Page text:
Schubert Quartettsatz

Reprintable only with permission from the author.

Ushering in the set of three great string quartets Schubert wrote at the end of his life is a torso of a work, the Quartettsatz (quartet movement) in c minor, written in 1820. This powerful movement was originally intended to be the first movement of a full quartet, and there exists a sketch for the opening of a second movement as well. It is not known why Schubert never completed the work, but the movement he did write is a masterpiece fully worthy of being in the company of the later, last three quartets.

The conflict between desire and reality is very often at the heart of Schubert’s music, a conflict at the root of what it is to be human. For we are rarely masters of Fate, and mortal longing defines the painful space between possibility and imagined fulfillment. By way of exploration one can look at the myth of Pyramus and Thisbe, as related by Ovid in the Metamorphosis. Pyramus and Thisbe, two of the most beautiful people in the land, are desperately in love, yet forbidden by their fathers to wed. Their sole communication is through a small hole in a wall, large enough to transmit a whisper, small enough that lips that offer a kiss will never know a response. They decide to steal away in the darkness of night and meet. On her way to meet her lover Thisbe espies a lion who has recently feasted on prey, his mouth still awash in blood, and she runs off, inadvertently dropping her cloak. The hungry lion chews on the cloak, drops it, and leaves. Pyramus, looking for his love, stumbles first upon the bloody cloak and, thinking Thisbe eaten by a monstrous creature, uses his sword to join her in death. Then, upon her return, Thisbe finds Pyramus dead and leans on the sword herself.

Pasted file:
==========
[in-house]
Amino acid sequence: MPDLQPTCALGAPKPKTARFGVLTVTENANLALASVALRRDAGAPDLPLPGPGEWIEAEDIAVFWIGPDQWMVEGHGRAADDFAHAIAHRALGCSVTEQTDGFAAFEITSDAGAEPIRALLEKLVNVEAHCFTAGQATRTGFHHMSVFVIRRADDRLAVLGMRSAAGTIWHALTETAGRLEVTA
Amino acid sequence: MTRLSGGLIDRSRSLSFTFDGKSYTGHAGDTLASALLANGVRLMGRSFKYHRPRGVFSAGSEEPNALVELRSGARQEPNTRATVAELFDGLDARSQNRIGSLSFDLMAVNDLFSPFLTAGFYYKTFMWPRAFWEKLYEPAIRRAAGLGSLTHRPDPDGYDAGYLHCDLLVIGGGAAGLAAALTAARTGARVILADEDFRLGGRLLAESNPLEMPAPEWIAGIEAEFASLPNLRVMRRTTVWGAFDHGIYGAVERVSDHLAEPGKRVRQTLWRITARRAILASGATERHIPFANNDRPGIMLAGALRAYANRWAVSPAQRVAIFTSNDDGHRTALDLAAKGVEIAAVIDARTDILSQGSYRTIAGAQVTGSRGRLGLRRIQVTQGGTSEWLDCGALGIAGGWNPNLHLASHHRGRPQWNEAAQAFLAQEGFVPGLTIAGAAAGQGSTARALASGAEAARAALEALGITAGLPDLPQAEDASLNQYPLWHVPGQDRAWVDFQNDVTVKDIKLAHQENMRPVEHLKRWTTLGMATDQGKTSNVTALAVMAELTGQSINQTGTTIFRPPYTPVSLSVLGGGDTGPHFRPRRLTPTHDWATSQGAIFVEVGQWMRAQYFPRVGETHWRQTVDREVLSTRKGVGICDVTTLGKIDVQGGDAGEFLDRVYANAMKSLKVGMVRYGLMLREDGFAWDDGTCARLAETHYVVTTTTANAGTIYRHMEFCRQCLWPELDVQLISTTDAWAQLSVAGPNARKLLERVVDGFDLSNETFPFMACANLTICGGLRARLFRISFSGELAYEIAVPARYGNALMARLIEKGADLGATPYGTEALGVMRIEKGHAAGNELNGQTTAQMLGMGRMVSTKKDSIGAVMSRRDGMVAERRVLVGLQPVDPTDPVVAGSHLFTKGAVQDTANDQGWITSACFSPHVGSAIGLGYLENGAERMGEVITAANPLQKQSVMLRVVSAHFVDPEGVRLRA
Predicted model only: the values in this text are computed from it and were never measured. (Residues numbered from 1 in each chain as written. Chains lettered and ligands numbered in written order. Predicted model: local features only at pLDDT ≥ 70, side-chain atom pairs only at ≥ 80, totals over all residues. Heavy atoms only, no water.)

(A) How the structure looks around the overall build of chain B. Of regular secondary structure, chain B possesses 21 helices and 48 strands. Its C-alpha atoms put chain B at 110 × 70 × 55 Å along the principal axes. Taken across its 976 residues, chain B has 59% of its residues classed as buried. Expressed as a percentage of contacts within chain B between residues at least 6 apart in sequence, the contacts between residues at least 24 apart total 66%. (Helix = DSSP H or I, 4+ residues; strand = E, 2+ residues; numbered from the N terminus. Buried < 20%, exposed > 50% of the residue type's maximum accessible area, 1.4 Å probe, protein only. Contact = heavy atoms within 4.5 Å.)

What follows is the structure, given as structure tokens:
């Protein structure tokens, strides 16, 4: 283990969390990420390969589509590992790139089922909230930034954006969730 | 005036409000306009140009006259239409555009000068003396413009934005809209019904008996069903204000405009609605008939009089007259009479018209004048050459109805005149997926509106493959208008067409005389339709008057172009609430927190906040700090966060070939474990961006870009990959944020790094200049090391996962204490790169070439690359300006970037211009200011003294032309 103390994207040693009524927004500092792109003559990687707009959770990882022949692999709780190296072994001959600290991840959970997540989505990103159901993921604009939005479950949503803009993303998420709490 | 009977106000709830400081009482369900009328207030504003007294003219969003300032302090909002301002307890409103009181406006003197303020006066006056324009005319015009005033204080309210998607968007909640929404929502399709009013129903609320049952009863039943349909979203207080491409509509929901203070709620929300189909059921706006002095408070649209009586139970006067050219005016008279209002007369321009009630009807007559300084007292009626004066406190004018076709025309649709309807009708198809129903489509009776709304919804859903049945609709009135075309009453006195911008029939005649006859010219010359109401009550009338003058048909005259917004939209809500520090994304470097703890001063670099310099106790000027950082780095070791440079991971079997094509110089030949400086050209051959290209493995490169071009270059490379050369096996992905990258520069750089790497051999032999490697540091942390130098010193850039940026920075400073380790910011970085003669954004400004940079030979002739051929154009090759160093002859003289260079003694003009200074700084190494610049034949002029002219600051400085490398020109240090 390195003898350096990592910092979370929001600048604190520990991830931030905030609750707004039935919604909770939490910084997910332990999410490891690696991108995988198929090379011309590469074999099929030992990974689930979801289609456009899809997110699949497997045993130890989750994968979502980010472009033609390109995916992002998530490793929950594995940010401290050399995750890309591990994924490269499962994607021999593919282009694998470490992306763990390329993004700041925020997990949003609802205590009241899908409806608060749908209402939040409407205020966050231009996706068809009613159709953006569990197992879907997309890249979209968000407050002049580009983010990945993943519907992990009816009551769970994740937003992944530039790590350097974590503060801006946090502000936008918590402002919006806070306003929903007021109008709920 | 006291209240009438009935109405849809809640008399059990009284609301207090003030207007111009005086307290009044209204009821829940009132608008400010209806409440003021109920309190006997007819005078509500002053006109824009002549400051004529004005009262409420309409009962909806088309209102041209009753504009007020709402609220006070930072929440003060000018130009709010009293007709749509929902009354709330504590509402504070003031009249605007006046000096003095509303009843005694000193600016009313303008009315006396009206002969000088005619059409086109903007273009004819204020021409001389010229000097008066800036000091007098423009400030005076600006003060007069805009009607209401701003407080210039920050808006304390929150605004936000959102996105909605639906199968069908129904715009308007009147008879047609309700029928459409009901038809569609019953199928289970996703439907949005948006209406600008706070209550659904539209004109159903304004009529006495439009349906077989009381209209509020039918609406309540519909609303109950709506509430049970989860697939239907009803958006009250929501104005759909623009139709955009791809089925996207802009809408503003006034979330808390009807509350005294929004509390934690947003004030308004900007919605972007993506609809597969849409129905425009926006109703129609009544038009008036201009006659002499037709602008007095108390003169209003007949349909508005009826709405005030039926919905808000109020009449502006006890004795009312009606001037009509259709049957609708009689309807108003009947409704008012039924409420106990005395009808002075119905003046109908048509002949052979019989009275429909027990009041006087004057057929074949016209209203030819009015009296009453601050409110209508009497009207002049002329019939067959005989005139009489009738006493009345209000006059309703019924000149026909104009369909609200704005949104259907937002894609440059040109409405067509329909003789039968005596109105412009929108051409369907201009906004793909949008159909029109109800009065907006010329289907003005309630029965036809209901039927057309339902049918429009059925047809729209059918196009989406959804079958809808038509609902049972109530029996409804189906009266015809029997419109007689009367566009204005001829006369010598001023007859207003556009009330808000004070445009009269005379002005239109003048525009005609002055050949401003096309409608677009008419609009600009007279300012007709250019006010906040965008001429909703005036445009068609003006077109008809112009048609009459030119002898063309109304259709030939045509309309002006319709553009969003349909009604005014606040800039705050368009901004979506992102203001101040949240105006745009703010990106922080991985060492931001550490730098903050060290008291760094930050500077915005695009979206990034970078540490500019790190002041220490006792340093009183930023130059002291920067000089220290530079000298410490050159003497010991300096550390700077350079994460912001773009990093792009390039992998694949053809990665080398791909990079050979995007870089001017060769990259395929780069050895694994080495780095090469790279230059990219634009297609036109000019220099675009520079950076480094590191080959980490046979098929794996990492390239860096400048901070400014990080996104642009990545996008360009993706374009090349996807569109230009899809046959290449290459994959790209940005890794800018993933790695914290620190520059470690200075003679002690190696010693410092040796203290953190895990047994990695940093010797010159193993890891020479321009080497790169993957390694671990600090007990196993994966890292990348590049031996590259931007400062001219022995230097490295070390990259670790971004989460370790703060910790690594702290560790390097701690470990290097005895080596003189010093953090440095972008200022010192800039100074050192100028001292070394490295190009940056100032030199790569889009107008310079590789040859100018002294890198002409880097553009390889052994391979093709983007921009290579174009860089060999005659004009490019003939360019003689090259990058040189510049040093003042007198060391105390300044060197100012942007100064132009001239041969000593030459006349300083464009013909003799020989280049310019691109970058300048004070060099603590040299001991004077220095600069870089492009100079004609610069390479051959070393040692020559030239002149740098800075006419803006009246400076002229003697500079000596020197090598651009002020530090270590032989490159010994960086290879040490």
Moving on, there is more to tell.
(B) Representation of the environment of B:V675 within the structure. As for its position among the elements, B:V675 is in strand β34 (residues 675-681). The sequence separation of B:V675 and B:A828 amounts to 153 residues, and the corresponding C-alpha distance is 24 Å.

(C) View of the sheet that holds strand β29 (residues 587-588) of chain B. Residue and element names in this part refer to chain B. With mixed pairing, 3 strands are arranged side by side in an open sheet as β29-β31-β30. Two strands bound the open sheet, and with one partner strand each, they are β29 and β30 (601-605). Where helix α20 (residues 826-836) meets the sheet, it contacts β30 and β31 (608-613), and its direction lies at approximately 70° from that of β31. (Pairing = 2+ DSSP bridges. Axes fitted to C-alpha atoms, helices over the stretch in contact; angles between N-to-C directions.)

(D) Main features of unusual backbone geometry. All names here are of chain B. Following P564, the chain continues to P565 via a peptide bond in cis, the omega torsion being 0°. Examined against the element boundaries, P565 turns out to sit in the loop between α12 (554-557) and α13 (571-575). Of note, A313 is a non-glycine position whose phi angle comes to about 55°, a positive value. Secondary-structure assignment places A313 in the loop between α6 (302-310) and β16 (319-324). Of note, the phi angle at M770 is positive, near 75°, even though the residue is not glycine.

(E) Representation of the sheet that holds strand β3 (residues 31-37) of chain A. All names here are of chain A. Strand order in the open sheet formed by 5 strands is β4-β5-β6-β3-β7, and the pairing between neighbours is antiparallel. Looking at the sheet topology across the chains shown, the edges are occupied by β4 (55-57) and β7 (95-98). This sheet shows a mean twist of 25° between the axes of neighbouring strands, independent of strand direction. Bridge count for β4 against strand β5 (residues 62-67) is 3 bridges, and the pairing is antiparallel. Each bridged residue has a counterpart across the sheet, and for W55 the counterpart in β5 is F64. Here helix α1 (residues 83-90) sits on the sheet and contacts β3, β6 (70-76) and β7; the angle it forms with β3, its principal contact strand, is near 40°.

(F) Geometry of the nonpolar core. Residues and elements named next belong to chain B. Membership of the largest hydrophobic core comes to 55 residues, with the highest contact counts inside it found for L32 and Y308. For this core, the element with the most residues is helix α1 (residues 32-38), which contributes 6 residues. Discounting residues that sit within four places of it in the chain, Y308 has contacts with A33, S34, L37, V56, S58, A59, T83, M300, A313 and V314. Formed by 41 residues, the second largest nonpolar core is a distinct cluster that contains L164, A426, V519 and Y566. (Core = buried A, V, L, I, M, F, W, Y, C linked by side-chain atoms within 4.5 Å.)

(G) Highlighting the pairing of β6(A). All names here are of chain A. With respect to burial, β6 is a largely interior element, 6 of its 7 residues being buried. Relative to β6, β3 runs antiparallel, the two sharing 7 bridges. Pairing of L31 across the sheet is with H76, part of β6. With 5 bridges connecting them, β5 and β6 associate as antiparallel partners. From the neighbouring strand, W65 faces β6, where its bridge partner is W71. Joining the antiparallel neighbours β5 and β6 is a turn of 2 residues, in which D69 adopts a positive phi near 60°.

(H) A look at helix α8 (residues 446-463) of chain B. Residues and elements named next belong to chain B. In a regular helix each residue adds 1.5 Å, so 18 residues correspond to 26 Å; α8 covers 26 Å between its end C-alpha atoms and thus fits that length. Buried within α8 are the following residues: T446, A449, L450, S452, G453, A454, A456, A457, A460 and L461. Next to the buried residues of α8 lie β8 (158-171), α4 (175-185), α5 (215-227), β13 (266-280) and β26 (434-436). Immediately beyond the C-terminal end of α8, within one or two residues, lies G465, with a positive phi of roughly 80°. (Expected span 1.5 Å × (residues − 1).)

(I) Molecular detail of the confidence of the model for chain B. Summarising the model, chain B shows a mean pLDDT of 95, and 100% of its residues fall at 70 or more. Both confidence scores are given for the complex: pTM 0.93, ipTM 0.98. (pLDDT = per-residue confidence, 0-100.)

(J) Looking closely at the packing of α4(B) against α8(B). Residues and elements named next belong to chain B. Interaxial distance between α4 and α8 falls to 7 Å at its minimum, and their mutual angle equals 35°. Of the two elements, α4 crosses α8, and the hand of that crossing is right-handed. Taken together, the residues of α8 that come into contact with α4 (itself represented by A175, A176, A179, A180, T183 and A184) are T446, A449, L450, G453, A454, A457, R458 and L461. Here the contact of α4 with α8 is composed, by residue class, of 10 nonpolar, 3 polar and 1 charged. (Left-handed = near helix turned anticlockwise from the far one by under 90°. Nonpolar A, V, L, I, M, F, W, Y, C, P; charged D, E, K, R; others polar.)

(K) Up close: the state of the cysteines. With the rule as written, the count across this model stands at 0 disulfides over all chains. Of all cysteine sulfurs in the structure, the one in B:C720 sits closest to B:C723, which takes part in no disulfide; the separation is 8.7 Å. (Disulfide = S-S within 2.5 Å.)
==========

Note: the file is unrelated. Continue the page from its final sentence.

Terrible, incomprehensible forces coexist here with the beauty of tender vulnerability. The stranglehold of authority, the physical presence of the wall, the violence of nature, the impossibility of omniscience: all these are external obstacles interfering with the purity of love. But still the shadows they cast upon that love, spawning yearning and hope, introduce a fragility and an aching quality to that love that we recognize as deeply human. The renunciation of life as a reaction to thwarted love also exalts this love.

In the Quartettsatz such elements exist in close juxtaposition. The piece begins with a tremulous figure reminiscent of the opening of that other great uncompleted Schubert work, the Unfinished Symphony; there is a sense of instability created which permeates much of the work, even in anxious figures accompanying otherwise lyrical themes. It is a precarious and poignant ambiguity which is quintessentially Schubertian, the song that is even more beautiful because it exists only in memory or in imagination. Yearning and desire are even more moving when one dares to hope despite being confronted over and over by unforgiving realities. In Notebook/To Lucien Freud/On the Veil from School of the Arts poet Mark Doty speaks of “no hope/ without the possibility of a wound.” Schubert shows us the forces that wound, and the immense sensitivity of the soul that hopes. In this piece, Fate deals the final blow.

Note by Mark Steinberg